“Unfortunately for you it was more difficult to destroy a body than you thought and the pathologist, who examined your mother’s body, was able to say with certainty that the attack had been with a claw hammer, rather than the lump hammer you left in the room,” he said.
Bartlam told police the intruder attacked his mum, but police found versions of the script on his computer.
Realising the finger of suspicion would turn on him, he admitted he killed his mother, but claimed that he had been driven to it by her physical and verbal abuse.
This gave him a defence in law of “loss of control” which, if proved, would reduce an allegation of murder to manslaughter.
But, by their unanimous guilty verdict to murder, the jury rejected his defence.
The judge said: “Whilst there clearly were arguments between you and your mother, not untypical between mothers and their teenage children, I am quite satisfied there was no physical or verbal abuse by your mother, such as you alleged in your evidence at trial.”
At the time the Post asked for reporting restrictions to be lifted that prevented Bartlam, then 15, from being named.https://get-latest.convrse.media/?url=https%3A%2F%2Fwww.nottinghampost.com%2Fnews%2Flocal-news%2Fchilling-story-behind-nottinghamshire-boy-4603792&cre=bottom&cip=31&view=web
Bartlam had attended independent primary school Greenholme, Lenton, and then Dagfa School, Beeston.
He moved to Christ the King School, Arnold, after his parents’ divorce.
The court heard in 2010 he was reported missing from home by his mother and was found by police walking around Nuthall.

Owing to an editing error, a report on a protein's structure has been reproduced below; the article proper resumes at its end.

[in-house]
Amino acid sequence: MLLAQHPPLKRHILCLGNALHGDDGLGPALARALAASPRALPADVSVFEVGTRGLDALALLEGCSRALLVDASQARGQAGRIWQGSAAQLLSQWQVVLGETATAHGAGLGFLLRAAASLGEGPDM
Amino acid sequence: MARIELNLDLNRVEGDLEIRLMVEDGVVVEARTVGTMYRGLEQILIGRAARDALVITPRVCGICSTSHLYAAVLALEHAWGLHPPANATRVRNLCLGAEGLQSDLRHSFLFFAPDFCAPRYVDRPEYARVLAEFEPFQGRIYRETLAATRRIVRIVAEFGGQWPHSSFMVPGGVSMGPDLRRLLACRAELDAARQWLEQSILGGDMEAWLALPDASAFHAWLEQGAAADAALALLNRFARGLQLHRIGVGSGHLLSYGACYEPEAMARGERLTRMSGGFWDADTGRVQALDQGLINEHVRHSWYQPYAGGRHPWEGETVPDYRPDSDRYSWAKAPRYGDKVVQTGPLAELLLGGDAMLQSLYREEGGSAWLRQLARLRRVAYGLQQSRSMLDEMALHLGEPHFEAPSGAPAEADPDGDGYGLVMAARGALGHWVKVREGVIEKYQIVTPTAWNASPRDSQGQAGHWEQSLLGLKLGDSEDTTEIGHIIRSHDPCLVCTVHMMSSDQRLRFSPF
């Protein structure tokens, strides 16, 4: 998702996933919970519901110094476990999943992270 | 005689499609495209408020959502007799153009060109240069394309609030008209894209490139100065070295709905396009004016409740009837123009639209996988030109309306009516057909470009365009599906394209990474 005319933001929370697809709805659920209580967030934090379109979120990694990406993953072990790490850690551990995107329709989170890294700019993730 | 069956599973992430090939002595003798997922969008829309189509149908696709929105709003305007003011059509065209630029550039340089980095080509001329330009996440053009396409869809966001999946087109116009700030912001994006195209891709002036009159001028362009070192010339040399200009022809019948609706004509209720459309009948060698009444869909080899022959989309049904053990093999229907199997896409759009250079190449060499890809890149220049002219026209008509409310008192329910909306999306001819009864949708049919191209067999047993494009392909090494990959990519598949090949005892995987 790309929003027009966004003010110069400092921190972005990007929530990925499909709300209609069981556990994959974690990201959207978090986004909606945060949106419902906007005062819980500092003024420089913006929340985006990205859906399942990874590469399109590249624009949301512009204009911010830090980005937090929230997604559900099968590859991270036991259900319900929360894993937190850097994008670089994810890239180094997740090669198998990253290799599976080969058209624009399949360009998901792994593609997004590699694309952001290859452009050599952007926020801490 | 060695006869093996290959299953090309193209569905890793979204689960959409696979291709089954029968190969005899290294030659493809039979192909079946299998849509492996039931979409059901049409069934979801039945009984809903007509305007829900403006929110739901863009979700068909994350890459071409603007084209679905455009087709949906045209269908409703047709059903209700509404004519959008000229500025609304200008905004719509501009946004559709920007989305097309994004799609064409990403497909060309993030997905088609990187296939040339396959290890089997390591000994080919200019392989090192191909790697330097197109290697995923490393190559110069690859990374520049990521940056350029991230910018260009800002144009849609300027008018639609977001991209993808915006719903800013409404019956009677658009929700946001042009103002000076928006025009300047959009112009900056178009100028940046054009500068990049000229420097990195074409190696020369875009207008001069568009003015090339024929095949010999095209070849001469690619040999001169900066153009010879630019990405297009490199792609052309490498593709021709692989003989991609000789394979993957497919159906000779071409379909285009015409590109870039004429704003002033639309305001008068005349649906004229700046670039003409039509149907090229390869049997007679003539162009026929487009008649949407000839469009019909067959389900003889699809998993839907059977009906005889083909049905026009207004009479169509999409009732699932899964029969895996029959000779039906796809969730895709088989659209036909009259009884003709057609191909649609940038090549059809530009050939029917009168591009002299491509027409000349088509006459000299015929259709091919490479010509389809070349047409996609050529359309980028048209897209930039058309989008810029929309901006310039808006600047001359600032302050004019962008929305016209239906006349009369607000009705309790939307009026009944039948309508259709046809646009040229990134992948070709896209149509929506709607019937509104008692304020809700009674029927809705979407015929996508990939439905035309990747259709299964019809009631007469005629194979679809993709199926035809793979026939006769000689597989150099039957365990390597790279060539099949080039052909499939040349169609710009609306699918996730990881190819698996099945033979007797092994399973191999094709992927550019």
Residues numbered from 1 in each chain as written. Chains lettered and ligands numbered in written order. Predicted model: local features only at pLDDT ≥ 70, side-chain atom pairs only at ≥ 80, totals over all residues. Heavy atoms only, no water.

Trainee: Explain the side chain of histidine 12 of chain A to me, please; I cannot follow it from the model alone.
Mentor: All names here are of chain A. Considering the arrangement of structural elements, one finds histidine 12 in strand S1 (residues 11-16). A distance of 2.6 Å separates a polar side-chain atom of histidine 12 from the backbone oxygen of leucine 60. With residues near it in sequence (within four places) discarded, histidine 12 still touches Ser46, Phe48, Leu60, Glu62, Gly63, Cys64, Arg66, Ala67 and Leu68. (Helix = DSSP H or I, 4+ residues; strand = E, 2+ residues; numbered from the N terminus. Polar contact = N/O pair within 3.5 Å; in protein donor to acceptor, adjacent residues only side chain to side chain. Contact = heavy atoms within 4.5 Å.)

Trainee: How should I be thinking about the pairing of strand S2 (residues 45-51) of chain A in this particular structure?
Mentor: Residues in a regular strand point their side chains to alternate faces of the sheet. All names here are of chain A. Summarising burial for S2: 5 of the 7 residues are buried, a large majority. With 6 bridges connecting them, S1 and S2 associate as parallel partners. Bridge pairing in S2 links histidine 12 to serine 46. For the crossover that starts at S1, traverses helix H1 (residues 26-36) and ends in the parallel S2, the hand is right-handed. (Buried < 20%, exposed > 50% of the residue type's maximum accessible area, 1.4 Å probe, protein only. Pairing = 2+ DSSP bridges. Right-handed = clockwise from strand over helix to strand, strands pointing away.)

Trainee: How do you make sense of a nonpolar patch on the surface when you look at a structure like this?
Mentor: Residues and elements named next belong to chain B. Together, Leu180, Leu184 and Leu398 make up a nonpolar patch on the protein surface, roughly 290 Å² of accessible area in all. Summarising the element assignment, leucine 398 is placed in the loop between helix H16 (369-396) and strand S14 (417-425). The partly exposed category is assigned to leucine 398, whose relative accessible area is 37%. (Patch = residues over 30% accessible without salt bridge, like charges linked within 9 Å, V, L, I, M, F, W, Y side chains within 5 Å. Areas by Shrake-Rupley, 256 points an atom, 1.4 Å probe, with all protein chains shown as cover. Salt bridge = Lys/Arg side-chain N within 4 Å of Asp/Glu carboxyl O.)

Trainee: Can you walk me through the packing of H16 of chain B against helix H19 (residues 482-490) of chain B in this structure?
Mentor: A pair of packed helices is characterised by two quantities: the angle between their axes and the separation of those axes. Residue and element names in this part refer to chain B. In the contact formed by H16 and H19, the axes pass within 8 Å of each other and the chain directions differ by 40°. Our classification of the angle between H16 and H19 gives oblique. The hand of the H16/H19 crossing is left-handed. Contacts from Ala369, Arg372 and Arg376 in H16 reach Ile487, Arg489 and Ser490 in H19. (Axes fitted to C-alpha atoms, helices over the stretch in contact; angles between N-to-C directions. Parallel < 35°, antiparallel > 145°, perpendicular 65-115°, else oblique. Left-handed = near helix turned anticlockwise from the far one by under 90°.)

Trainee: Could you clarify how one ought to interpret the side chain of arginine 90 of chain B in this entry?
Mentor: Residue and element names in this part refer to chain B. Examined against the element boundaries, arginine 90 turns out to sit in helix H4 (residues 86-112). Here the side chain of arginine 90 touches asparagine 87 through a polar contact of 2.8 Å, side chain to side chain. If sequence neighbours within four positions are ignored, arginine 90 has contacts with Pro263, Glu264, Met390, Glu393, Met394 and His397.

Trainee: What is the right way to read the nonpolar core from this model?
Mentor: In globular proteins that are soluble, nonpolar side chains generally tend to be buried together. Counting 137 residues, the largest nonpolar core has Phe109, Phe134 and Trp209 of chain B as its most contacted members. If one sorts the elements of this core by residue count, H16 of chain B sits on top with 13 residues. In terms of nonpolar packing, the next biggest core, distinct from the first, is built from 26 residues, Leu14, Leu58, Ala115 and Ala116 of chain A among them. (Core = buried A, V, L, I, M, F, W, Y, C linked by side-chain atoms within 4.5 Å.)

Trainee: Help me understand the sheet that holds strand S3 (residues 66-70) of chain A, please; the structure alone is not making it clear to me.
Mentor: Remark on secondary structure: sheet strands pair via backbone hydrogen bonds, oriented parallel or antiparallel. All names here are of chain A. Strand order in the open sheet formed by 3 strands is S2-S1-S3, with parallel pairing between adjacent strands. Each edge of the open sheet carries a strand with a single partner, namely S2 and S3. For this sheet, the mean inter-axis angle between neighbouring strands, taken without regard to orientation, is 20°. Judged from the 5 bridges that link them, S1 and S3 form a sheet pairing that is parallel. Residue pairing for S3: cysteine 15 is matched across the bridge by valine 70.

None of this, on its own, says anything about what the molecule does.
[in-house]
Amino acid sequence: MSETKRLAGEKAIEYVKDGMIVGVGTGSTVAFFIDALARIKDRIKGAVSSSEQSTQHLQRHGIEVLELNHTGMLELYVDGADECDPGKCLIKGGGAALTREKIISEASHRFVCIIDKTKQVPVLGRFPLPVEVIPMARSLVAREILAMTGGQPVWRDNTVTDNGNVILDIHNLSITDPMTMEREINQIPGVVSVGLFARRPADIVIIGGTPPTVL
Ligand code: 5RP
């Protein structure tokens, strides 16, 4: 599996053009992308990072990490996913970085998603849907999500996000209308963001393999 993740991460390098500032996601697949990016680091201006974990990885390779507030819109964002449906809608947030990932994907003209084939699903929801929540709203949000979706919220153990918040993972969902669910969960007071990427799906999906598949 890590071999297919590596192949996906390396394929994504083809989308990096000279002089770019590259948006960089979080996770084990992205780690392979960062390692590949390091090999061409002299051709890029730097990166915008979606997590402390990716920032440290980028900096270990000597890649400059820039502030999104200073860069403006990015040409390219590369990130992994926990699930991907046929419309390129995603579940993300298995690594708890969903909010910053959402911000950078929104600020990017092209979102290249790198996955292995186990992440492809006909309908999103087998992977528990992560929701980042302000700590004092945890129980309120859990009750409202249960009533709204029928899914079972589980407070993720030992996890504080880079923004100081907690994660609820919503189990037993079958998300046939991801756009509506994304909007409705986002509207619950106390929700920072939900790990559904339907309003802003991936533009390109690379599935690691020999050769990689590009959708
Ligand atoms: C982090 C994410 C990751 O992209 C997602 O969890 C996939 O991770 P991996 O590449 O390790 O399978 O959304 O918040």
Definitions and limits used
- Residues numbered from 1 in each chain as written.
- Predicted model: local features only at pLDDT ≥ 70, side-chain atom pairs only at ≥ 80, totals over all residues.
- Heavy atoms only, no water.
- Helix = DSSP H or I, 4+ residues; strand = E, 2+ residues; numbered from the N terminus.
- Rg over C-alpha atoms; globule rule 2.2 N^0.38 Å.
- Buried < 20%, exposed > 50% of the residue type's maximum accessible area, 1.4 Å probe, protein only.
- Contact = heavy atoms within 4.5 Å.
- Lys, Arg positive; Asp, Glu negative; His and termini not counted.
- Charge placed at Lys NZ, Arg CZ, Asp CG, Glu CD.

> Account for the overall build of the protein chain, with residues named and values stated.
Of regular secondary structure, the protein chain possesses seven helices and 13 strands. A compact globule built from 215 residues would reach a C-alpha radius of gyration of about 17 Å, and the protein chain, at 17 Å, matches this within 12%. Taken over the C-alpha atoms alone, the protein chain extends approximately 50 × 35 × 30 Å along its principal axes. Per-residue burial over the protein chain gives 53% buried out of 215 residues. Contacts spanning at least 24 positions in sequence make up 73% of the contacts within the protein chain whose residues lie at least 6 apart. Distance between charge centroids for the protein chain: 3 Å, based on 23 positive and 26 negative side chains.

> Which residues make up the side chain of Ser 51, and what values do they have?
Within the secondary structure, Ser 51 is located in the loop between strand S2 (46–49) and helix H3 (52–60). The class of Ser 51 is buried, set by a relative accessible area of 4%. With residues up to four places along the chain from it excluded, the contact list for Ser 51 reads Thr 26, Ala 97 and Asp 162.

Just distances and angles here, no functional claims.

In May of that year, he was referred to a school counsellor after an incident in class, where he became upset and began shouting and screaming at his tie which he called “Fred”. He told classmates that his tie was trying to hurt him.
Daniel Bartlam revealed during counselling he was having bad dreams, felt sad and angry and was hearing voices telling him to act.
Shaun Smith QC, who prosecuted the case in 2012, had told Nottingham Crown Court: “He said the ‘voice’ tells him to hurt particular people who have upset him and made him angry and that he was almost fully controlled by it and finding it hard to resist.”
By March 2011, just six weeks before the killing, a mental health assessment was carried out at Thorneywood Child and Adolescent Mental Health Services. It said Bartlam demonstrated no mental illness and he was judged as being little or no risk or threat to himself or others, the court was told.
Before his trial, Daniel Bartlam was examined by mental health experts for the prosecution and defence and they agreed that he did not have a psychiatric or psychological condition.